It was early 1970s. I was less than 14 years old. I'm not sure what precipitated the first time Florence kicked me out or perhaps I ran away, but I ended up in an upper west side pre-war 15 room apartment that was being painted. The head of the youth orchestra had arranged it because he couldn't afford to lose yet another violinist who could sight-read as well as I did. The house was empty except for a bed I slept in, a tv I watched and some pieces of furniture draped with white cloth. I drank chocolate milk and walked from 112th street back down to Grand Street when I ran out of money. I don't remember what ended that exile except that at some point I was allowed back home and the people whose apartment it was returned to nicer walls.
Later that same music teacher arranged for me to stay in his apartment while he was away for the summer. I was less than 18. This time there was no returning home. Florence was serious and so was I. I remember walking the streets in the hot summer nights on the upper west side wondering how a city this big could be so lonely. I ate all the music teacher's ice cream. Repeatedly. Since I kept replacing it. Hoping they're return before I ate again. There was no going home. After many couches I moved into the place I would live in for the next three decades.
Later, in my own apartment, I learned that Loneliness was an inside job. Just like Happiness. I understood that the city was whatever I was - lonely, full, loving, sad, grateful. But, even now so many years later, there are times, no matter what I believe otherwise, where the city clangs and clacks against the sharp emptiness of loss.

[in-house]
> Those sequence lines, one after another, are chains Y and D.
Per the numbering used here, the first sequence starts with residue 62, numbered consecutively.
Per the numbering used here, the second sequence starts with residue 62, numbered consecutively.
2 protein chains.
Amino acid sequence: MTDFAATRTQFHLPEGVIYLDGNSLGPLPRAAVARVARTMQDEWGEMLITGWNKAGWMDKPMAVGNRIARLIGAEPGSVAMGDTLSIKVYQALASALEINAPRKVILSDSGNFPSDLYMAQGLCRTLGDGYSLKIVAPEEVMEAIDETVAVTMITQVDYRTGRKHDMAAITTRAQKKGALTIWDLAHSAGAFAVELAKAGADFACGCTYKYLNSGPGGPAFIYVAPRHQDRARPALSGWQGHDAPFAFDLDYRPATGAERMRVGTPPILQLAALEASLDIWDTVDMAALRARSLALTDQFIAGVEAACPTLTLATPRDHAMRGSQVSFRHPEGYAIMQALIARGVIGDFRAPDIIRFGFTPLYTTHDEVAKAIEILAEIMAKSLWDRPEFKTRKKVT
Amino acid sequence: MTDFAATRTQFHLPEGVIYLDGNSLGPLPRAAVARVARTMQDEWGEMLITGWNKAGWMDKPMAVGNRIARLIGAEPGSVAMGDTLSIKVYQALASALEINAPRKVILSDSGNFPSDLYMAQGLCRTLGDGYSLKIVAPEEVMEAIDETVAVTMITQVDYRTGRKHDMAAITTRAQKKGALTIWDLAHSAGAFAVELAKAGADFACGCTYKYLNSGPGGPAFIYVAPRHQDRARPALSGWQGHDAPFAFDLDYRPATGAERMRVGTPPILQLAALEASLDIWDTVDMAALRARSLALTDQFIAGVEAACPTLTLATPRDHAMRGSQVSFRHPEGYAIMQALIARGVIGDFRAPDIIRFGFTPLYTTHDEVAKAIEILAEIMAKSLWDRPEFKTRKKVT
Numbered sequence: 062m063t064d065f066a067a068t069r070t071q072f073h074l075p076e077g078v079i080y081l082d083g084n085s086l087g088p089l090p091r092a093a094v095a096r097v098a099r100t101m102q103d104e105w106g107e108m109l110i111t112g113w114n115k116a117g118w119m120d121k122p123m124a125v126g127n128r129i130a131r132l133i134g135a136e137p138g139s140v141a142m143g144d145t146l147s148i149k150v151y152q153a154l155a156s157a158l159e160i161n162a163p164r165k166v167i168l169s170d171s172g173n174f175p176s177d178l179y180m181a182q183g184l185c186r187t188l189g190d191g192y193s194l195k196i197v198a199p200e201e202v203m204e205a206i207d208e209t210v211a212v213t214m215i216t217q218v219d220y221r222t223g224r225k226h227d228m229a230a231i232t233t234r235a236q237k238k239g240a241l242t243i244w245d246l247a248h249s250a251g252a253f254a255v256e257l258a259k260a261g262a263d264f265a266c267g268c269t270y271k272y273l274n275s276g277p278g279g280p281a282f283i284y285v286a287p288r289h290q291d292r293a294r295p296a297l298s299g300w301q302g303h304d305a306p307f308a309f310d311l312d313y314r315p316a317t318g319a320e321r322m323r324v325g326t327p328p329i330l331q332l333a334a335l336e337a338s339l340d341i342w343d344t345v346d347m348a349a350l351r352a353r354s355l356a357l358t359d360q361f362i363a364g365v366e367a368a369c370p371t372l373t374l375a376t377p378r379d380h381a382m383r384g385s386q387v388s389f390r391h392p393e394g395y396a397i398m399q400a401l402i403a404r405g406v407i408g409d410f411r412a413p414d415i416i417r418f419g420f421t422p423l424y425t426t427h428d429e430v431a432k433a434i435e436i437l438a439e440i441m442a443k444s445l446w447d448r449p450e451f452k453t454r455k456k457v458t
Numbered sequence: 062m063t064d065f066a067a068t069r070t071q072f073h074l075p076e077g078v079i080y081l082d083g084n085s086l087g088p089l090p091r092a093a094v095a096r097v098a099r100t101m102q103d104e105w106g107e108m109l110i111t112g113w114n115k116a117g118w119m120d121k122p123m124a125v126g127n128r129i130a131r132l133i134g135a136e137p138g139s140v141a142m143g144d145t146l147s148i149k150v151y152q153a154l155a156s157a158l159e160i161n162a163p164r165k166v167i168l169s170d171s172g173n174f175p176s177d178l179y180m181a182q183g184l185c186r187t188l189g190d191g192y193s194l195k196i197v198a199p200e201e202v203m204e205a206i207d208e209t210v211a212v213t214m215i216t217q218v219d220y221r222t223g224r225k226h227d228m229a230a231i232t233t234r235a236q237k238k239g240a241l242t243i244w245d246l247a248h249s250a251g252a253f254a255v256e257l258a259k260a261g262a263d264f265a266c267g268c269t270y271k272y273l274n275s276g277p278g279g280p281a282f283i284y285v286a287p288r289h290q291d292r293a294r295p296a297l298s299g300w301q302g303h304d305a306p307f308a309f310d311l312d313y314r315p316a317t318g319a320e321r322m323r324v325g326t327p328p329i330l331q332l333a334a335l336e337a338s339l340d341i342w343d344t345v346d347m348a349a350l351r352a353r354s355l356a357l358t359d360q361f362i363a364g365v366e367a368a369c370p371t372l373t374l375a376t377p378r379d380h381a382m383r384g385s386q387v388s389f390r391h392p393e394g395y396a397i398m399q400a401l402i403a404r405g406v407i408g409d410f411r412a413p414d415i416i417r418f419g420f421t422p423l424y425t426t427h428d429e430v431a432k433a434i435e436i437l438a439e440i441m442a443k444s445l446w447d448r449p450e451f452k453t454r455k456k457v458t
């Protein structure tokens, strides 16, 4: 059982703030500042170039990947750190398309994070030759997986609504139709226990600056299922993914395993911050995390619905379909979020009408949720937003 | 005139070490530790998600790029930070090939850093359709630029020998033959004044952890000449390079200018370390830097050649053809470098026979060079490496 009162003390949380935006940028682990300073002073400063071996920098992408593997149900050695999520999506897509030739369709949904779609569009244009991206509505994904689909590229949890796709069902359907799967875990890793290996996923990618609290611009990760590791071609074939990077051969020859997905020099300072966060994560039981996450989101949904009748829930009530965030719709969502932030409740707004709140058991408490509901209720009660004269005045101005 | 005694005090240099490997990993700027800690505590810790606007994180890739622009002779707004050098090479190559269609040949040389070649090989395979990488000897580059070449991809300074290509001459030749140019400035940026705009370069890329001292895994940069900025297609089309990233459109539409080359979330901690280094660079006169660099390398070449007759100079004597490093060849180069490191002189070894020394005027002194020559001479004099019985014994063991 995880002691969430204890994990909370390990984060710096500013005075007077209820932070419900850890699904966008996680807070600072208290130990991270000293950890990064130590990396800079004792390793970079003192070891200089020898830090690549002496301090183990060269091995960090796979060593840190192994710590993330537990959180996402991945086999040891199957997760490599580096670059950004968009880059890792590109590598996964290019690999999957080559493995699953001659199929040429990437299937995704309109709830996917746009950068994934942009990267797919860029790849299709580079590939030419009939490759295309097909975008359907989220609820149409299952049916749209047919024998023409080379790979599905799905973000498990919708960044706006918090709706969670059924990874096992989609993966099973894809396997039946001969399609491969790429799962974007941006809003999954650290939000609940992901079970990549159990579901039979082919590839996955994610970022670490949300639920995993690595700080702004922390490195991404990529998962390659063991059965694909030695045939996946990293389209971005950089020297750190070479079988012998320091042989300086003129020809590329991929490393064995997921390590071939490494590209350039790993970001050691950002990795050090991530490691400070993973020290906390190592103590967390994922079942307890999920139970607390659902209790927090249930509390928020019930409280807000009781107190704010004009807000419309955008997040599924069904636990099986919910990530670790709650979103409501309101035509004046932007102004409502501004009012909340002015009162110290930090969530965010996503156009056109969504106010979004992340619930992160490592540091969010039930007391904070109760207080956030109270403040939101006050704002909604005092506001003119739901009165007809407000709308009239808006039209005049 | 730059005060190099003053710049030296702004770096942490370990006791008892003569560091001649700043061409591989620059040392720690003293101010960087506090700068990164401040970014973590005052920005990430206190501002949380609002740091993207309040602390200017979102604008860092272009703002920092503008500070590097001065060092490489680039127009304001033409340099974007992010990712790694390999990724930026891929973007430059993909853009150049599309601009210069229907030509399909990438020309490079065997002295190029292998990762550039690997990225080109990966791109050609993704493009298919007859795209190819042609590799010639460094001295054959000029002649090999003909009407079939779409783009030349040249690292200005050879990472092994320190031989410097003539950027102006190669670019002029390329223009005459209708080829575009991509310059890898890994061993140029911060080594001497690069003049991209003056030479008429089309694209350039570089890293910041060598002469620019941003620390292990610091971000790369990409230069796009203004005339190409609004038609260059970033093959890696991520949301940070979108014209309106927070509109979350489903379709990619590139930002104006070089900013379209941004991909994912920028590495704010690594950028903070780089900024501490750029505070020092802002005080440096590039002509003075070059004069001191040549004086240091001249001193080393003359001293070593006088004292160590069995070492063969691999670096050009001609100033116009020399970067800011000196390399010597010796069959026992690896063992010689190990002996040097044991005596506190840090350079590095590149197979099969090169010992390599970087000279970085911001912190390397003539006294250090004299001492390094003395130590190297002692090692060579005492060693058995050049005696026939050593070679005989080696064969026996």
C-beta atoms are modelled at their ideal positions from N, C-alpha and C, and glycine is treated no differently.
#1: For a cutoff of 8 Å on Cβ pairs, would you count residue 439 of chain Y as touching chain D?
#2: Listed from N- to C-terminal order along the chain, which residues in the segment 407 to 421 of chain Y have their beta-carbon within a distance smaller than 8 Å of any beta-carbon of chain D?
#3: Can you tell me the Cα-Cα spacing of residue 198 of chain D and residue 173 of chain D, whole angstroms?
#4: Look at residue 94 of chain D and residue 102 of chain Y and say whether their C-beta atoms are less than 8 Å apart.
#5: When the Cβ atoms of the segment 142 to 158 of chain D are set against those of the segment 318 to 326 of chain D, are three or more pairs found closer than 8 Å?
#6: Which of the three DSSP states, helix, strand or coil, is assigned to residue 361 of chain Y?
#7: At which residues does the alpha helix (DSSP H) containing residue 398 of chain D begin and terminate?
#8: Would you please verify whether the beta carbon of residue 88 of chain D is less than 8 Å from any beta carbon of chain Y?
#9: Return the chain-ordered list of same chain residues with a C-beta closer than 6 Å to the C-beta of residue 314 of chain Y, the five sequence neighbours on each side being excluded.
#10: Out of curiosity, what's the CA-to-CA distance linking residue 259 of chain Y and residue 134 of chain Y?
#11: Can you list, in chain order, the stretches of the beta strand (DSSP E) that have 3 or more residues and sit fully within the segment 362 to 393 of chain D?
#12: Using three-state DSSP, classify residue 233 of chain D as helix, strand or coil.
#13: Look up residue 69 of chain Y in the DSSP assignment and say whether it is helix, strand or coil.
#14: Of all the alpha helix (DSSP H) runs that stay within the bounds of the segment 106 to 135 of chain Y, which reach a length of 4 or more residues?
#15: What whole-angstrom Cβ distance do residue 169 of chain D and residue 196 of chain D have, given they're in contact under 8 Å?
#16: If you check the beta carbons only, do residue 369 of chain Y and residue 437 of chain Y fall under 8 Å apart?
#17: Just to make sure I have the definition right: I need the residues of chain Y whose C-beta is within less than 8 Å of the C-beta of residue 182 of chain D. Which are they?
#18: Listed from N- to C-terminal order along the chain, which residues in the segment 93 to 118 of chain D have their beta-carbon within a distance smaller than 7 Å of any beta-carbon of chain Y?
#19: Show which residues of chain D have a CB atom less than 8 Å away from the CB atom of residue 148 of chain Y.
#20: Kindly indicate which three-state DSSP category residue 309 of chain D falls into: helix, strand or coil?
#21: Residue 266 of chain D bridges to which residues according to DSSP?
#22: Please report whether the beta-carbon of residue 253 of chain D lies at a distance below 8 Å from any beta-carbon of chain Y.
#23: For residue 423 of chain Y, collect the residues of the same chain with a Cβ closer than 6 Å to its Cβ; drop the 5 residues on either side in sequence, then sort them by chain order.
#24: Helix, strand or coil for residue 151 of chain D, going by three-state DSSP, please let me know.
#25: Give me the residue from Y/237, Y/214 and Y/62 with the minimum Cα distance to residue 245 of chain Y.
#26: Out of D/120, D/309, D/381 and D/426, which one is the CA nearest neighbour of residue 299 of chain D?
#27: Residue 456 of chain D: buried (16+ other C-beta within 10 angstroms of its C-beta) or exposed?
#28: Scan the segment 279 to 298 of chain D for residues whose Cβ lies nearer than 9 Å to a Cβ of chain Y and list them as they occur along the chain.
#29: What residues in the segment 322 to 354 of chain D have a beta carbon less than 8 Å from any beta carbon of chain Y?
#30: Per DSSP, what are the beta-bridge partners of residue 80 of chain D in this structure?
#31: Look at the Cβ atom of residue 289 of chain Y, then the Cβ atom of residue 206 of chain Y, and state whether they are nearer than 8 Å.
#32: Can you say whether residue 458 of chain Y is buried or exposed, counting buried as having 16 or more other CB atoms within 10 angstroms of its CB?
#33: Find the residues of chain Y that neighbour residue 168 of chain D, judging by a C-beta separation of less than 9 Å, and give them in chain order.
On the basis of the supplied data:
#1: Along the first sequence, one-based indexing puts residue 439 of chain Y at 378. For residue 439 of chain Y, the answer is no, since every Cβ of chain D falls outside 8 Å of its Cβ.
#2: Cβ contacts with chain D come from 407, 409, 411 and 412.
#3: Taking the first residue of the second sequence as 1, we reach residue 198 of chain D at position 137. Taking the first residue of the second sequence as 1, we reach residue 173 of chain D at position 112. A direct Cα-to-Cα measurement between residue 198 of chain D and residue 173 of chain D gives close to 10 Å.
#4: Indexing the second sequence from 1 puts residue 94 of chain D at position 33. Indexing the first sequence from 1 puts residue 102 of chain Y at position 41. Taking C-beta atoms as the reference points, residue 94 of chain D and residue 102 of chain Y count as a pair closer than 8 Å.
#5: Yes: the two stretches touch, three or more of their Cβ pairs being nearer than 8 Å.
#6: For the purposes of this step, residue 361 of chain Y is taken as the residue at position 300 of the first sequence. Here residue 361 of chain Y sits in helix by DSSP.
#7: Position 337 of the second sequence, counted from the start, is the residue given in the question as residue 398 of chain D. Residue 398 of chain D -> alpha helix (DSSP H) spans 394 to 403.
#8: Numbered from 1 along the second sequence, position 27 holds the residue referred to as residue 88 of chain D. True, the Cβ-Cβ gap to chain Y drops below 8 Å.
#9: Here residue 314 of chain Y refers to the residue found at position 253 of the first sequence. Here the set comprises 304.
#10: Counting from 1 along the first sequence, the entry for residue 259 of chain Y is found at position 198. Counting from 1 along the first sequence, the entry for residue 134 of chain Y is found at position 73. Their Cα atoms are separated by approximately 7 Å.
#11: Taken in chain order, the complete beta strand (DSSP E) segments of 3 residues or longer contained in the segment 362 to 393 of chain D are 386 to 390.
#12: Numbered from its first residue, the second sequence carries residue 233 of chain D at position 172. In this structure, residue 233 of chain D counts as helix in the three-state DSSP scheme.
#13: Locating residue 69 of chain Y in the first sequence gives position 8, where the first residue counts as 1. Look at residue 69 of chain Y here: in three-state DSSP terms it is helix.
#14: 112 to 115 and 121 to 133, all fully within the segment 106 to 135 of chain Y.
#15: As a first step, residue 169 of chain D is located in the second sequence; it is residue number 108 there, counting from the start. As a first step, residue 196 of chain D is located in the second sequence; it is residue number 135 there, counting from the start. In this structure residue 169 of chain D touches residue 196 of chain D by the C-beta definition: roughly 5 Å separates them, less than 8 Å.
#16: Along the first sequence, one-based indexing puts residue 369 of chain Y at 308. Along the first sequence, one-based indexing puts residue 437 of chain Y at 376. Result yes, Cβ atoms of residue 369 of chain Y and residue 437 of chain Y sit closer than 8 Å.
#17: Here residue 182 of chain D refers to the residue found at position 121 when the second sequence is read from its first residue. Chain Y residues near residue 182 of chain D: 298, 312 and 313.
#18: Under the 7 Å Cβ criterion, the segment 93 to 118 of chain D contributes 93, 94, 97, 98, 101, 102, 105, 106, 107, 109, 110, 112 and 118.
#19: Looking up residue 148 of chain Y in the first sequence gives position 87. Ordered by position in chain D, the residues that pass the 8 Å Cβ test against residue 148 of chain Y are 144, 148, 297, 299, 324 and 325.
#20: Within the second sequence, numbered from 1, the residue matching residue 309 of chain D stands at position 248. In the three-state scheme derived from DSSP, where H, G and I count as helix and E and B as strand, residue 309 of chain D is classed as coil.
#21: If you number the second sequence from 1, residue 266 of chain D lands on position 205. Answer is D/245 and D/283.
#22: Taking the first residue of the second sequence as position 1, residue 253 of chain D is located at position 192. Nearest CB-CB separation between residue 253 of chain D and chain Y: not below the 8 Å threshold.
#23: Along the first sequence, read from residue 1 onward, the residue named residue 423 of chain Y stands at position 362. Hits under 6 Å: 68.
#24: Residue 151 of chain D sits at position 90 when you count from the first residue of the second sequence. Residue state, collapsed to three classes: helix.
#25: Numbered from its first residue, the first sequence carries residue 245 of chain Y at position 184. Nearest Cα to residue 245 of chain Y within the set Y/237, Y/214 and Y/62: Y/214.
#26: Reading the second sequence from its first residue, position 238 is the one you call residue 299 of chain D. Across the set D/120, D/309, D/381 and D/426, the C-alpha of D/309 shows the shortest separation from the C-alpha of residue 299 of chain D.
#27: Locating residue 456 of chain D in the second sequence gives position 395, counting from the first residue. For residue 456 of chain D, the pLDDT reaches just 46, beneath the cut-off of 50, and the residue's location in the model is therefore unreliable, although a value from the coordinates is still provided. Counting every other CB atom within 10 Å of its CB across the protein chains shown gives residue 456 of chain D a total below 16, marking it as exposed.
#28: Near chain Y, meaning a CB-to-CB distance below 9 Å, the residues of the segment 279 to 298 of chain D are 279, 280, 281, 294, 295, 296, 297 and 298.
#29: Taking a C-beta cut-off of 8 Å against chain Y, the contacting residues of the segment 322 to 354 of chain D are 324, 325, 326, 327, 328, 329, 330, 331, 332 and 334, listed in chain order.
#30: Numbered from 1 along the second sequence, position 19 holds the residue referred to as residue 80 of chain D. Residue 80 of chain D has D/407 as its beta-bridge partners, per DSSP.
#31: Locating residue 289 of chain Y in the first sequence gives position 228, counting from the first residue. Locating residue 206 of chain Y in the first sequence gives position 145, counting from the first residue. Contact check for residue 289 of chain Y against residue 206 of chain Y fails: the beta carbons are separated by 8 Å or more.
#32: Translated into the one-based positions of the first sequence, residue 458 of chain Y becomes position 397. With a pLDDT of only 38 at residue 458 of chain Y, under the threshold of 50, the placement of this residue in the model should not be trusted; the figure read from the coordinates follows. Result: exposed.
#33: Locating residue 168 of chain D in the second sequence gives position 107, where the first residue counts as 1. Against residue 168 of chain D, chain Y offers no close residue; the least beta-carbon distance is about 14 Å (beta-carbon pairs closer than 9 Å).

A town's a lonely town *When you pass through And there is no one waiting there for you, You wander up and down, The crowds rush by, A million faces pass before your eye, Still it's a lonely town. Then it's a lonely town.Unless there's love, A love that's shining like a harbor light, You're lost in the night; Unless there's love, The world's an empty place And every town's a lonely town.
--Comden and Green
(dedicated to you who I deliberately did not see tonight, but who I miss no matter how hard I try not to...)
MY PRIVATE CONEY presents IT WAS HER NEW YORK, the short stories that accompany the work-in-progress video and photo collection of the same name (myprivateconey.com - media link - IT WAS HER NEW YORK). The stories and the media explore the tender rubble that holds both my mother, Florence's and New York's soul as one disappears into old age and the other into gentrification. All are real observations and/or experiences with very little tall-tale telling.
Except when it makes the story better.
Please visit myprivateconey.com for additional information and sample works.